The Cache Creek Casino Resort in Northern California remains closed because of a cyber attack. The incident, which was less than two weeks ago, is currently being under investigation.
The casino confirmed on Wednesday that there was a “systems infrastructure failure” due to the external attack. The casino has been closed since September 20 as the property looks to strengthen its internal security. There is no reopening date set, but the casino plans to announce one in the near future.
Attacks like these are significant and can take weeks to research thoroughly.”
Casino owner Yocha Dehe Wintun Nation said in a statement: “We are working closely with independent experts who regularly investigate incidents of this type to determine any risks to data security. Attacks like these are significant and can take weeks to research thoroughly.”
The casino owner went on to state that if the personal info of any workers or guests has been exposed as a result of the attack, the affected individuals will be contacted in writing. With the ongoing closure, ownership is committed to fully paying its staff and continuing their benefits.
A learning experience
The Sacramento Bee cited unnamed sources that claim the FBI is investigating this incident and trying to determine if it was a ransomware attack. The thought is that Cache Creek’s info and network is being held hostage in exchange for a ransom payment.
The casino company noted how these types of attacks have become more and more common in recent years, but underlined that the casino will come back stronger from this experience. The statement said: “We are undaunted in our commitment to the security of our organization and the future of our business.”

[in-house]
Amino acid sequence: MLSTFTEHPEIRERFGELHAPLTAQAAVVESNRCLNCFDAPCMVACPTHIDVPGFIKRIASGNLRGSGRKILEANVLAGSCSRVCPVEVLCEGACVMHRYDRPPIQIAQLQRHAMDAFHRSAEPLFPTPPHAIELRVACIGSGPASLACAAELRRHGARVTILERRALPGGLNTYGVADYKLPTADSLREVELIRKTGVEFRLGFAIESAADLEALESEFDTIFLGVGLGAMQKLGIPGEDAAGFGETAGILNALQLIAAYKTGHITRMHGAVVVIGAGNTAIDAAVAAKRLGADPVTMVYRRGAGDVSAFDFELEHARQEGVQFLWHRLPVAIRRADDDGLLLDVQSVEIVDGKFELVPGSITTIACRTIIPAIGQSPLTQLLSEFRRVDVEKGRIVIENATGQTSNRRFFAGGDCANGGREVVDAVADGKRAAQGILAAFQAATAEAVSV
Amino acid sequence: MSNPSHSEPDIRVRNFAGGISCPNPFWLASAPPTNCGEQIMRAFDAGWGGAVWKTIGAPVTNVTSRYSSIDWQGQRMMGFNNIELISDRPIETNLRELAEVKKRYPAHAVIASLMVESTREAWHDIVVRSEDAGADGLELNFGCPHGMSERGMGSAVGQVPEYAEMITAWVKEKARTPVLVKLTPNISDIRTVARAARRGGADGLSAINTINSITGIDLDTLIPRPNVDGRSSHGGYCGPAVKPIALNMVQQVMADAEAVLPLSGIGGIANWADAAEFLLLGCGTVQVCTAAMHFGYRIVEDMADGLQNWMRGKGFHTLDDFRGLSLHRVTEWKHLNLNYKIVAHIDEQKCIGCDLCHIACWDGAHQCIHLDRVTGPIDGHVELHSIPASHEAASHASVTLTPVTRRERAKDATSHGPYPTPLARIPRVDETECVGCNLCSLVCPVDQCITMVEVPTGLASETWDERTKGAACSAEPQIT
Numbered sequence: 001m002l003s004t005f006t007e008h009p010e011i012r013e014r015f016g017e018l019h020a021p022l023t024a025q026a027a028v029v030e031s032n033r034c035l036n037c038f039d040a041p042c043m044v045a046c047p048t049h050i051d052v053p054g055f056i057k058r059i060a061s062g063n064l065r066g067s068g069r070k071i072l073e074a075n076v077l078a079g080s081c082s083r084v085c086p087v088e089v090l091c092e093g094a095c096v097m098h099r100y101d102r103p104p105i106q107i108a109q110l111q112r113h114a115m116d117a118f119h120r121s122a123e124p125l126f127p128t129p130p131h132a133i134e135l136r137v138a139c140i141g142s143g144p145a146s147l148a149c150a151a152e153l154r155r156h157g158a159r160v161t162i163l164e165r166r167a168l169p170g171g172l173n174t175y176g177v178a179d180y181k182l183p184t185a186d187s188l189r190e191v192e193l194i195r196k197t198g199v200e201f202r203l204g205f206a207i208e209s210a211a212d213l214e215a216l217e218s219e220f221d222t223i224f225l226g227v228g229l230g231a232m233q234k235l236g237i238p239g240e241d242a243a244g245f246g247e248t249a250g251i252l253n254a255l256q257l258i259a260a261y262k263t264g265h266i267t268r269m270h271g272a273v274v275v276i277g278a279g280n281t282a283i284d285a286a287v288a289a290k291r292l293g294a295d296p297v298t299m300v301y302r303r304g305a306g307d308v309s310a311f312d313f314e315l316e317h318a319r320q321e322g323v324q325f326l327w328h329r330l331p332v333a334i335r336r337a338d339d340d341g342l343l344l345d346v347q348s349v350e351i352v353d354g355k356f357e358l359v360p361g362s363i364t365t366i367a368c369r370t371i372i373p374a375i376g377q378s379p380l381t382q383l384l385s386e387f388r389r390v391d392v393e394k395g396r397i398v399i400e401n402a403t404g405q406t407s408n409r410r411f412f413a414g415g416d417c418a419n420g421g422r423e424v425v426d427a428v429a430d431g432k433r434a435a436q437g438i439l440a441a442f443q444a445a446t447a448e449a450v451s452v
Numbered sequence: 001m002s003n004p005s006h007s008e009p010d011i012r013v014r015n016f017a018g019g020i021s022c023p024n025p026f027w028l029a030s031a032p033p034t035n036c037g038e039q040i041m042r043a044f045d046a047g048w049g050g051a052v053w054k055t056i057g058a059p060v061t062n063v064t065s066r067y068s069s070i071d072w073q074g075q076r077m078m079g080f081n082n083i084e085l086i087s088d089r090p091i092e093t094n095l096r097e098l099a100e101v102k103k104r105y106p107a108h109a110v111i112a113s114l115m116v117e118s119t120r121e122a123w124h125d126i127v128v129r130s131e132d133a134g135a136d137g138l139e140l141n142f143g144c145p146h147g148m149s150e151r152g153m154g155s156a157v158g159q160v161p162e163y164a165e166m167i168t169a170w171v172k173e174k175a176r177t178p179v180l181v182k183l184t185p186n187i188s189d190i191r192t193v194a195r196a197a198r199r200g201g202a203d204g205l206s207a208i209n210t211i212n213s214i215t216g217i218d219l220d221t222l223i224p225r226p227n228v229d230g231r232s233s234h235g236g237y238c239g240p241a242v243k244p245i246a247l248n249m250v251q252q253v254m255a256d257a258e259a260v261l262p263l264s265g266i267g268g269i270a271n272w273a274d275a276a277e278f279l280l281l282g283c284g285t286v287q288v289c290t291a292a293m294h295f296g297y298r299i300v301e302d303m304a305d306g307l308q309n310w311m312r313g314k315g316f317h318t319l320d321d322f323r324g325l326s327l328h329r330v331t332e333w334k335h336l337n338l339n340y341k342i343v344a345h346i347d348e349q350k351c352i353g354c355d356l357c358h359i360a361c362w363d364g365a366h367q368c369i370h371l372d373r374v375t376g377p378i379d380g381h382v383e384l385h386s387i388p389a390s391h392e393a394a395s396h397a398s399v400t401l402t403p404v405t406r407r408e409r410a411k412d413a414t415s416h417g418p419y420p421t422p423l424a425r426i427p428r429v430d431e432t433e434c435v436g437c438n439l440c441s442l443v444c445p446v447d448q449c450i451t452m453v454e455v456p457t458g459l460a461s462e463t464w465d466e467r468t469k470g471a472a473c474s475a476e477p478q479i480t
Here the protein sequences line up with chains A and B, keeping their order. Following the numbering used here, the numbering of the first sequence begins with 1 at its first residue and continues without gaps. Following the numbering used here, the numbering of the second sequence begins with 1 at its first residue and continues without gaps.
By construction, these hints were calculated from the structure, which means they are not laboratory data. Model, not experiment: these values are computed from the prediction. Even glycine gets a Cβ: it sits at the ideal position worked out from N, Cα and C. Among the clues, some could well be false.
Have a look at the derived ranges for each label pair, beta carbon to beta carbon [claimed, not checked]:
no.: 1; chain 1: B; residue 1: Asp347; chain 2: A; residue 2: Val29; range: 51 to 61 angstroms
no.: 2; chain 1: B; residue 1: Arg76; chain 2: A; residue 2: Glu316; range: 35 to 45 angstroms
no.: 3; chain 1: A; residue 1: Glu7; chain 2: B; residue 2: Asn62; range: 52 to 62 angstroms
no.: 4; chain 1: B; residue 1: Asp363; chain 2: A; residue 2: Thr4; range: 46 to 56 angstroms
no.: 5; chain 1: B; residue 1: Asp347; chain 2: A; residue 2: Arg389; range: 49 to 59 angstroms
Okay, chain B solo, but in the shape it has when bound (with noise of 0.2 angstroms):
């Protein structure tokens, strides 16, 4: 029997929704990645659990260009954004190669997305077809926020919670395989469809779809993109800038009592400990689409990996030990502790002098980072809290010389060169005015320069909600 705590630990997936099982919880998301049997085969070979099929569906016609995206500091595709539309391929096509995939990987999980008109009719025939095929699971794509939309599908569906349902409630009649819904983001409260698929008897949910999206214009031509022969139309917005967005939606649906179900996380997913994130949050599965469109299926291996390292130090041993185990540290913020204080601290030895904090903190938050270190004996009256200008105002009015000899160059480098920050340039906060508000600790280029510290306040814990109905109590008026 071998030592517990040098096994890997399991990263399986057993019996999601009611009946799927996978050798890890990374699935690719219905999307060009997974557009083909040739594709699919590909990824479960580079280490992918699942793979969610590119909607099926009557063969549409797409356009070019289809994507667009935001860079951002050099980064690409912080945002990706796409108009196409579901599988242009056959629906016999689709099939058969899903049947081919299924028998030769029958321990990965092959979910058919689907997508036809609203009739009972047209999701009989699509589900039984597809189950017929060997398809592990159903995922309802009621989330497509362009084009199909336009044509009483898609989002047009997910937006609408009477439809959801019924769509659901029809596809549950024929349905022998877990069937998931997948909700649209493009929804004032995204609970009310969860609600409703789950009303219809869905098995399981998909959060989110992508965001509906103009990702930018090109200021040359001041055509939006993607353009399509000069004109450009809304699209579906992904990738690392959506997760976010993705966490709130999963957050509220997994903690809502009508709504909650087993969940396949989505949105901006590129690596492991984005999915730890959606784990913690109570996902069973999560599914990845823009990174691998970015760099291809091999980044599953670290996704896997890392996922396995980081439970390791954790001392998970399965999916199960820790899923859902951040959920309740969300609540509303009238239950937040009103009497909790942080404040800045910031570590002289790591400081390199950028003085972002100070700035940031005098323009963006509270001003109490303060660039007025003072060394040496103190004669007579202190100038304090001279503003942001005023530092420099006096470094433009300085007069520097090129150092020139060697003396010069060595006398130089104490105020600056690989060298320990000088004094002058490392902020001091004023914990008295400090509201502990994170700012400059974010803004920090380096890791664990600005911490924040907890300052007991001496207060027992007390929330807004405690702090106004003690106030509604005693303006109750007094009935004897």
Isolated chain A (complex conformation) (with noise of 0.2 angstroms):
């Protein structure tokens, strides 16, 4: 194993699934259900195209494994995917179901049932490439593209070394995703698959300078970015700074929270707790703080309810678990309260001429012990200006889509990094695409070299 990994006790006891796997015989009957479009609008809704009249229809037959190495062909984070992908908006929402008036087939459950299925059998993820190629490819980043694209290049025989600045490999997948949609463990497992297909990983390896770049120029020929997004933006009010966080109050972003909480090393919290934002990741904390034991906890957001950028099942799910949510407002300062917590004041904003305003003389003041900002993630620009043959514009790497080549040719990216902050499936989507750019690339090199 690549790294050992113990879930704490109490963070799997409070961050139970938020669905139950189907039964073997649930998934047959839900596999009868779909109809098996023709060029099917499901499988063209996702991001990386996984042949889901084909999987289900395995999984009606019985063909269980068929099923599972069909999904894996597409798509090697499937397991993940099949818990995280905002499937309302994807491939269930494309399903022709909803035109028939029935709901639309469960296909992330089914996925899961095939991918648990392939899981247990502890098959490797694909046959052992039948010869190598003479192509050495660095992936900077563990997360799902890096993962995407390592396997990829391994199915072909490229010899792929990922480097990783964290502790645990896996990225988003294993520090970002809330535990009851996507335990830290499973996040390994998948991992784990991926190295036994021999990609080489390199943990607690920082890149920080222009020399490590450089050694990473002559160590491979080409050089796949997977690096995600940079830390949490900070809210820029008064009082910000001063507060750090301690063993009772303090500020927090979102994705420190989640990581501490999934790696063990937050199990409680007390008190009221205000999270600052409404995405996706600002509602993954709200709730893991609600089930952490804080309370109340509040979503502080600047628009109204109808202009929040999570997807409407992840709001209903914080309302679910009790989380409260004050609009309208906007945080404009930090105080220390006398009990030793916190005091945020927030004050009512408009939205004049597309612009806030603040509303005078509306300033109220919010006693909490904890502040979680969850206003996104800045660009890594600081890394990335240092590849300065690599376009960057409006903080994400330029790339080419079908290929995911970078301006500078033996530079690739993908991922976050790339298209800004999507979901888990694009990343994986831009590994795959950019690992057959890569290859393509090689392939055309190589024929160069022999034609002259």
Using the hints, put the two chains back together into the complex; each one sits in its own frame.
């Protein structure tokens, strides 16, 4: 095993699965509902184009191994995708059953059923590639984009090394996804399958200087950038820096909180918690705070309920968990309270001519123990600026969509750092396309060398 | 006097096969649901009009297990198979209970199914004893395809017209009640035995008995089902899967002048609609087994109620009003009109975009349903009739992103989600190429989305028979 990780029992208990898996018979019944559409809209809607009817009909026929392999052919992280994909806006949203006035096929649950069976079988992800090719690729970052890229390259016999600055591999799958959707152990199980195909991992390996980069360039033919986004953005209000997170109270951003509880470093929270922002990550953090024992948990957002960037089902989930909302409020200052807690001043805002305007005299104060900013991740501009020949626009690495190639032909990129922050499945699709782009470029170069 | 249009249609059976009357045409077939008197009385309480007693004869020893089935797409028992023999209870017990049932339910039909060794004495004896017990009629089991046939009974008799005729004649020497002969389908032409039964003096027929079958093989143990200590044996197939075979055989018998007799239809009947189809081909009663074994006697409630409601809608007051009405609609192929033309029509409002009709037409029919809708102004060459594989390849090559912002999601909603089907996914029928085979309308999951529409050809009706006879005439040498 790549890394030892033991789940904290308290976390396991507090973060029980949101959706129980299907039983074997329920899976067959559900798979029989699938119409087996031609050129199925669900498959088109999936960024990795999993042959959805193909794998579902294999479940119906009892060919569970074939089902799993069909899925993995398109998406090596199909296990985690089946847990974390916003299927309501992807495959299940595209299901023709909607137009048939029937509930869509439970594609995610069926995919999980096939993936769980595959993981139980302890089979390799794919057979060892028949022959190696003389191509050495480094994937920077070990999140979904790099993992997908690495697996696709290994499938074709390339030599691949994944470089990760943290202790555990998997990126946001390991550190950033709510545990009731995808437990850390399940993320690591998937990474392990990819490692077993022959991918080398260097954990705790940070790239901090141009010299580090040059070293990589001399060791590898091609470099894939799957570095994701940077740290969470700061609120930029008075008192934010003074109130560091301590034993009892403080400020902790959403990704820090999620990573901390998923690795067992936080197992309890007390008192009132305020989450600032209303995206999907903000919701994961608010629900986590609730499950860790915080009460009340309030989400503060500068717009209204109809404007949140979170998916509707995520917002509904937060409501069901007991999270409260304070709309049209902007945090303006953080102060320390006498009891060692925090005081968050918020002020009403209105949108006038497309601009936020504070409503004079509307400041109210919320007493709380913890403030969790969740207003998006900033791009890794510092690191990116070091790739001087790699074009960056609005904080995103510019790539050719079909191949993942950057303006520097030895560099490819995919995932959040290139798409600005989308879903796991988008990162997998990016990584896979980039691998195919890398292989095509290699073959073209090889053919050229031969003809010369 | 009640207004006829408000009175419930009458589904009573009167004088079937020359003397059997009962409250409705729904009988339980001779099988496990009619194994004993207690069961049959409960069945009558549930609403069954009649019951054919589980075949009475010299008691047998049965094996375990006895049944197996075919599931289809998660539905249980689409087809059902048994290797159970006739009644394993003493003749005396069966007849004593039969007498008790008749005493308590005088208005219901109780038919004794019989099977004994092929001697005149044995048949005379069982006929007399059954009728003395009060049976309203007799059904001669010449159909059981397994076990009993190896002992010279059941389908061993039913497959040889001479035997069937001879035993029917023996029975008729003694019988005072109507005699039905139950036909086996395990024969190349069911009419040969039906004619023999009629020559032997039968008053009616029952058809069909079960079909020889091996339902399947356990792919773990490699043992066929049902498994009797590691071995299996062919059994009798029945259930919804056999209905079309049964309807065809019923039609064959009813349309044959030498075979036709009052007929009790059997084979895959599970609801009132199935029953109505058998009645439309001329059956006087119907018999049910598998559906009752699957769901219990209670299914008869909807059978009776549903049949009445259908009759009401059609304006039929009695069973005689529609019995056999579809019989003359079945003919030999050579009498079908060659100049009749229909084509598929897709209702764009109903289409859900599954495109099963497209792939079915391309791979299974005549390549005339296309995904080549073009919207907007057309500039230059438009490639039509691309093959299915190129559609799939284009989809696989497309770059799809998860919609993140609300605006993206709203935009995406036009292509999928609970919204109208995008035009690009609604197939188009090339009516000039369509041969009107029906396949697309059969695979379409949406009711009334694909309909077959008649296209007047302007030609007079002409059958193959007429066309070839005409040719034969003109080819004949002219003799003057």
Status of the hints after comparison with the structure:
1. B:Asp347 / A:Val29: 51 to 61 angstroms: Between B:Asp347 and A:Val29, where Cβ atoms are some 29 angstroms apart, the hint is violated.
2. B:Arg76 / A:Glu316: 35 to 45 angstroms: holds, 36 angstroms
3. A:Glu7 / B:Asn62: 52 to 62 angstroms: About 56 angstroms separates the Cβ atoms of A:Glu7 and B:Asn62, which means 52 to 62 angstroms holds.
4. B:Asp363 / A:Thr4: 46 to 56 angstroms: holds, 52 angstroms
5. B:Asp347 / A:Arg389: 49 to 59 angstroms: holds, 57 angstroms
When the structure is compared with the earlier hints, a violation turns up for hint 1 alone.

Other casinos subject to attacks
There have been a number of issues involving cyber attacks at Las Vegas casinos recently.
At the start of the year, the Four Queens Hotel & Casino and Binion’s Gambling Hall in downtown Las Vegas had to close down their slot machines after being victimized by suspected ransomware attacks.
MGM Resorts International had a large data breach in 2019, with the personal information of more than 142 million hotel guests reportedly falling into the possession of hackers. The records were supposedly accessed after the hacker broke into DataViper servers.
Finally, SBTech had to set aside $30m before its recent merger with DraftKings because of an apparent cyber attack that caused outages at more than 50 global online gambling platforms.